Nearly 100 council seats in this week’s local elections have already been filled, depriving tens of thousands of voters of the chance to have their say on polling day.
A total of 91 seats up for grabs on May 5 have been classed as uncontested, meaning only one candidate put themselves forward.
In the absence of any opposition, the 91 people will be elected automatically – leaving voters in those areas with no opportunity to express a choice at the ballot box.
Nearly 100 council seats uncontested in local elections Rui Vieira
The majority of uncontested seats are in Wales, where 72 candidates already know they have secured a seat on their local council.
The most extreme example is Gwynedd, where 28 of the council’s 69 seats – just over 40% – saw only one person put themselves forward for election, according to data compiled by the PA news agency.
The 28 are made up of 19 candidates from Plaid Cymru, eight independents and one Liberal Democrat.
In another Welsh council, Pembrokeshire, 19 of the 60 seats are uncontested, comprising 10 independents, four Tories, four Labour candidates and one from Plaid Cymru.
Wrexham council has eight of its 56 seats uncontested, along with seven out of 68 in Powys, five of 38 in Ceredigion, three of 60 in Neath Port Talbot, one of 48 in Denbighshire and one of 75 in Carmarthenshire.
The figures mean around 6% of all council seats up for election in Wales on May 5 have already been filled.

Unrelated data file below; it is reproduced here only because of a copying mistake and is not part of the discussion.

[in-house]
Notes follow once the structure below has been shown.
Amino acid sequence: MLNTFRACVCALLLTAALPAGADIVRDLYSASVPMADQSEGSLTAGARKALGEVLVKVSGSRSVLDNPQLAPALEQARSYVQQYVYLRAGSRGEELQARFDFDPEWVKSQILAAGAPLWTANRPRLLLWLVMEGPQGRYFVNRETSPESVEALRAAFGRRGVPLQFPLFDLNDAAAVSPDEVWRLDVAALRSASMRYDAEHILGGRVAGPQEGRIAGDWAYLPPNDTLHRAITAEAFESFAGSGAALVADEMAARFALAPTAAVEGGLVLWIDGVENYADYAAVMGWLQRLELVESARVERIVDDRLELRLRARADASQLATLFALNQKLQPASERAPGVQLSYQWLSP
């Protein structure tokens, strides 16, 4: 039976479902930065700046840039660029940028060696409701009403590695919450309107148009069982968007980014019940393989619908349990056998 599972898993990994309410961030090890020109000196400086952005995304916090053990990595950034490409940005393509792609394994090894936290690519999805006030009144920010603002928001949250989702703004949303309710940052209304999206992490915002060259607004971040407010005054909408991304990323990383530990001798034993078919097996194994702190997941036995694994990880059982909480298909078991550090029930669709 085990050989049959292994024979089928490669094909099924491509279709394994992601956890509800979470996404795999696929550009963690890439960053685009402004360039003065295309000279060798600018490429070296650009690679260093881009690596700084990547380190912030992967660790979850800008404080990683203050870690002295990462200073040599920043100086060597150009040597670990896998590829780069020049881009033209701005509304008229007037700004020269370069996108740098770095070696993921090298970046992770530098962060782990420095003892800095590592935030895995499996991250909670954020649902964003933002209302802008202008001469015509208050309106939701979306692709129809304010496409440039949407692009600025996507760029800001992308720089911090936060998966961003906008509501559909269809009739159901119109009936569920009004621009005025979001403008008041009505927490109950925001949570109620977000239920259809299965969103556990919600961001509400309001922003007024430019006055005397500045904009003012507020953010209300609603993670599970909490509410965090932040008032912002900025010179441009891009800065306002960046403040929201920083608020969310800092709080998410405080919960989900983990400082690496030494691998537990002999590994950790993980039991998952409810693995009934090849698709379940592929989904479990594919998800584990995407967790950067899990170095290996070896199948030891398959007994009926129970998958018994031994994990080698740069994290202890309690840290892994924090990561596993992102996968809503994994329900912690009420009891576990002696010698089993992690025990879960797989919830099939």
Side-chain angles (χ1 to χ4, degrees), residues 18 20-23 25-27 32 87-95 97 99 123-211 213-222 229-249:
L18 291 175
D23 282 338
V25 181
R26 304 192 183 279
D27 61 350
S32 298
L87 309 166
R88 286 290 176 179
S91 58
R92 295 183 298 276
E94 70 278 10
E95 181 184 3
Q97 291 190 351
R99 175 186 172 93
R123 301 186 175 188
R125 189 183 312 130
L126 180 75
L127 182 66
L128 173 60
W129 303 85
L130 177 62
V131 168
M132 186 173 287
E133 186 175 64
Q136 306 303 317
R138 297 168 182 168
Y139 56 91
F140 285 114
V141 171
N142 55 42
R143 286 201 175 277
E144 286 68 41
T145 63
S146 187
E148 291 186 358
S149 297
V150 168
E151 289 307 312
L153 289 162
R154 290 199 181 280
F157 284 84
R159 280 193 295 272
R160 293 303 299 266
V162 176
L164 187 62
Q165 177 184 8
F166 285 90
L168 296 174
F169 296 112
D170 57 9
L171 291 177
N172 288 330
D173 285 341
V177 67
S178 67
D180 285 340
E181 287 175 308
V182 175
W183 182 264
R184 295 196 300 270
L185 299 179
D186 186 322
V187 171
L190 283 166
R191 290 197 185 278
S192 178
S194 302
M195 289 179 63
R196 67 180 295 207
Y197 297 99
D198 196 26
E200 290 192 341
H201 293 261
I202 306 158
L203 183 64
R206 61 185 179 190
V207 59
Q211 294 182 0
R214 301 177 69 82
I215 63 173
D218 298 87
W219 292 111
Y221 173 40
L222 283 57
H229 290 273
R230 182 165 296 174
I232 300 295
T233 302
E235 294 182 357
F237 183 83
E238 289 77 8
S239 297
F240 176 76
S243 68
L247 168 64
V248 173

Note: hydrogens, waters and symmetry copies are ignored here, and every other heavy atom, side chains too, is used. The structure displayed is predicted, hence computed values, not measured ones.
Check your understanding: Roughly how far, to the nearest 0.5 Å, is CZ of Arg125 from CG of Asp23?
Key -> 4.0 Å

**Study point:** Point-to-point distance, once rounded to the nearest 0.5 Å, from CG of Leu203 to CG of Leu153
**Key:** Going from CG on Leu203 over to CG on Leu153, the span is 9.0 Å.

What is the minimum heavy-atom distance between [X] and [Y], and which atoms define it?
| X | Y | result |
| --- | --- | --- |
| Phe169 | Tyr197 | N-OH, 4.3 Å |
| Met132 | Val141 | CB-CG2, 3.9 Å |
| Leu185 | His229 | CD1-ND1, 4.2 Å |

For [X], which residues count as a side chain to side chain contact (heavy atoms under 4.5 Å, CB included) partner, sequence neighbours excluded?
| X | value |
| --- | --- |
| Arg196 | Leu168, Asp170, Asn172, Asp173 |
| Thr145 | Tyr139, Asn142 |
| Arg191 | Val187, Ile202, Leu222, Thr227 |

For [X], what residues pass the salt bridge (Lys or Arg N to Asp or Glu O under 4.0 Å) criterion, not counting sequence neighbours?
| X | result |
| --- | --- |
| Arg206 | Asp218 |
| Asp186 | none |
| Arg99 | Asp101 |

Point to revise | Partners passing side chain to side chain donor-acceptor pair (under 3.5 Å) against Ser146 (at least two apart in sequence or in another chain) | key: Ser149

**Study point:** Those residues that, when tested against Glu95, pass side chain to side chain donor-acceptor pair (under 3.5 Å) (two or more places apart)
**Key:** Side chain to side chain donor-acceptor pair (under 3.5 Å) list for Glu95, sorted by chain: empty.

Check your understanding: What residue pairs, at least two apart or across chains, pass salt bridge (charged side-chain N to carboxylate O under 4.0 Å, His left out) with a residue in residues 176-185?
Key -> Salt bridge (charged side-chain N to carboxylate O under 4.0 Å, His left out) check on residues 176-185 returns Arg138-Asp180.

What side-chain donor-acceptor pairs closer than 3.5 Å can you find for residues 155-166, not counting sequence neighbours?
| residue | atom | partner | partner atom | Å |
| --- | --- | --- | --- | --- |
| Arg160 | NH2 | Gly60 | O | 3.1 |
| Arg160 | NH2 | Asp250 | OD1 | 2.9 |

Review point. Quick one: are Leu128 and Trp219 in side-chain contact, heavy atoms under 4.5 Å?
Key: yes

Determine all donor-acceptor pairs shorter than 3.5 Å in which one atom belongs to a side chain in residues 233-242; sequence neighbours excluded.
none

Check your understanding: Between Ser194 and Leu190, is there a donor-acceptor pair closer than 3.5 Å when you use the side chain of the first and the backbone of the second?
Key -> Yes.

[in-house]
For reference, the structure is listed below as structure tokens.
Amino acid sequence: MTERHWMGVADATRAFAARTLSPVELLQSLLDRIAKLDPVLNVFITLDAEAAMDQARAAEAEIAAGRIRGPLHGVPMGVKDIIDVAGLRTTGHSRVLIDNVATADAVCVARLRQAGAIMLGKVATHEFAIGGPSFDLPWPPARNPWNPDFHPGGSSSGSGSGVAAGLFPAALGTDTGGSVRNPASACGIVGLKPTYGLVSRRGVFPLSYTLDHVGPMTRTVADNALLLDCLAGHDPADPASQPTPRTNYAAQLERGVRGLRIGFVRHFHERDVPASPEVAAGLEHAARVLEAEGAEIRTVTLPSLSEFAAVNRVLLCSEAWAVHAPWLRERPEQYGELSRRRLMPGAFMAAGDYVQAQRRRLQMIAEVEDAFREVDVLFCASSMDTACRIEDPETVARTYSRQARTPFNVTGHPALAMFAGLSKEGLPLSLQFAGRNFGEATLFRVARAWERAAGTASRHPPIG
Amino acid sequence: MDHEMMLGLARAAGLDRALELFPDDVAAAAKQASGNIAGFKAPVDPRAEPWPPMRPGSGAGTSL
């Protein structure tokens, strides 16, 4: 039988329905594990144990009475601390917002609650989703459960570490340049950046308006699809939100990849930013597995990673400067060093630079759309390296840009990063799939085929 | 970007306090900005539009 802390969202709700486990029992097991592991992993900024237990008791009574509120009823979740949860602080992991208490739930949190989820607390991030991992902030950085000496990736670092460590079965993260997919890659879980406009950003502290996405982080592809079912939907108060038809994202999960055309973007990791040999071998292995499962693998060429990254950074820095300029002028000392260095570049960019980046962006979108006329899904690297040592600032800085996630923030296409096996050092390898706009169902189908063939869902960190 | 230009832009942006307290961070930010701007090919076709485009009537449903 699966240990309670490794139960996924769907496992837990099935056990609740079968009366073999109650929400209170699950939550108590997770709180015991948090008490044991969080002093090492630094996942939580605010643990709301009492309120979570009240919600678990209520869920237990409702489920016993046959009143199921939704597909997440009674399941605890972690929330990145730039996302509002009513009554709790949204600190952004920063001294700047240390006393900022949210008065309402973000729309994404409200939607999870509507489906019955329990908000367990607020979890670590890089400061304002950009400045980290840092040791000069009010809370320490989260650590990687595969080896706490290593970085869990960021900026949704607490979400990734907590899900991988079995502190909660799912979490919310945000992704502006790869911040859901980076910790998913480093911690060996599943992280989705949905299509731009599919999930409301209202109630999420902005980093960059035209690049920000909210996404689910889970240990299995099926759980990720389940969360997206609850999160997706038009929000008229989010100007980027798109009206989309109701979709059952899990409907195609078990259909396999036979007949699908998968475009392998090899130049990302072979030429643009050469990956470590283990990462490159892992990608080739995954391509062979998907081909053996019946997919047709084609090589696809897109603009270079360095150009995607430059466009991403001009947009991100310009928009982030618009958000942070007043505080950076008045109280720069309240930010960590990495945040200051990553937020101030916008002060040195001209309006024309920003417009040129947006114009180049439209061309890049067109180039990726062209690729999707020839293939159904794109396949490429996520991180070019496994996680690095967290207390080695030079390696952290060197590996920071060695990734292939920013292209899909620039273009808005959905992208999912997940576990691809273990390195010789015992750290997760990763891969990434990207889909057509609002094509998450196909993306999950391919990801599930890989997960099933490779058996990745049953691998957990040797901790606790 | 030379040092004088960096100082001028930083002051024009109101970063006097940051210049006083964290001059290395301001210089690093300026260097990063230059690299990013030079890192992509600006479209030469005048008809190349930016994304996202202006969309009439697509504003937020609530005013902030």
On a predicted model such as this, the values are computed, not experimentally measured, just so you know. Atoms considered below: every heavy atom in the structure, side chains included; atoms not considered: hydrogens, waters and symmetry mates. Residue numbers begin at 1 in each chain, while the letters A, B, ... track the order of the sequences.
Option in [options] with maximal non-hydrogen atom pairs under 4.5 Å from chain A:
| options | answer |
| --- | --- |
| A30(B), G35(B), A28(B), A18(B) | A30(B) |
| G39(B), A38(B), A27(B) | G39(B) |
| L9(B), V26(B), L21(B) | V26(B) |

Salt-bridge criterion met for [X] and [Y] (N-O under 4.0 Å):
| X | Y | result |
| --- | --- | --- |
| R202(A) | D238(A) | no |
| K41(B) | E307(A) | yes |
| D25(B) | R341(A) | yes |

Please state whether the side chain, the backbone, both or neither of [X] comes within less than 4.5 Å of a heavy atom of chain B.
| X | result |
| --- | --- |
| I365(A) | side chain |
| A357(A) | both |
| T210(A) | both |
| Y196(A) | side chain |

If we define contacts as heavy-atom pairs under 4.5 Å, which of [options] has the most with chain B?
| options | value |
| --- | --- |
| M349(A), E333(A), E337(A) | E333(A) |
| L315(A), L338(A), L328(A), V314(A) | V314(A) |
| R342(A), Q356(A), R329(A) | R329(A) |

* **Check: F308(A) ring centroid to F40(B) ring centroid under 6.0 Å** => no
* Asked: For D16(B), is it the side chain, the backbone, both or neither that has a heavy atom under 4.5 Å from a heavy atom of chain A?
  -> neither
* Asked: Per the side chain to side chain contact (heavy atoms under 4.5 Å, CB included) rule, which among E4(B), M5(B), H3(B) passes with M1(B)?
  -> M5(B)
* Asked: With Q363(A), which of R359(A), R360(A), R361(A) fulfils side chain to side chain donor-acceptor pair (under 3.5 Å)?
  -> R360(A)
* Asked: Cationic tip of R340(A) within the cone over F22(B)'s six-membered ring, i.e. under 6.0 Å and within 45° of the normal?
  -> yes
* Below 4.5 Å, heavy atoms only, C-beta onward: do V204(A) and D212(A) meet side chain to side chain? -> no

In Scotland, five councils reported they have uncontested seats, though none are on the scale of Gwynedd or Pembrokeshire.
Some five of the 23 seats in the Shetland Islands are uncontested, along with four out of 29 in the Western Isles, three of 22 in Inverclyde, three of 26 in Moray and three of 74 in Highland.
This accounts for just over 1% of all council seats in Scotland.
Just one seat in England is uncontested: St Oswald in Sefton on Merseyside, where the only candidate to stand was from the Labour party.
Uncontested seats are a common factor at local elections in Britain and while the rate is high in certain parts of the country, the overall total has fallen in recent years.
In 1979 nearly one in five (18%) of all council seats up for grabs was unopposed but since 2012 the rate has never been higher than 4%, according to research published by the House of Commons Library.
The total can also vary from year to year, depending on how many councils are holding elections.
In 2018 there were no uncontested seats anywhere in Britain while the following year the number stood at around 2%.
And despite there being a bumper number of elections in 2021, due to many polls having been postponed from 2020 because of the Covid-19 pandemic, only one uncontested seat was reported.
This year 200 local authorities in Britain are holding elections on May 5.
Every council seat in Scotland, Wales and London is up for grabs and there are polls across much of the rest of England.
The 91 uncontested seats account for just over 1% of approximately 6,900 that are due to be filled.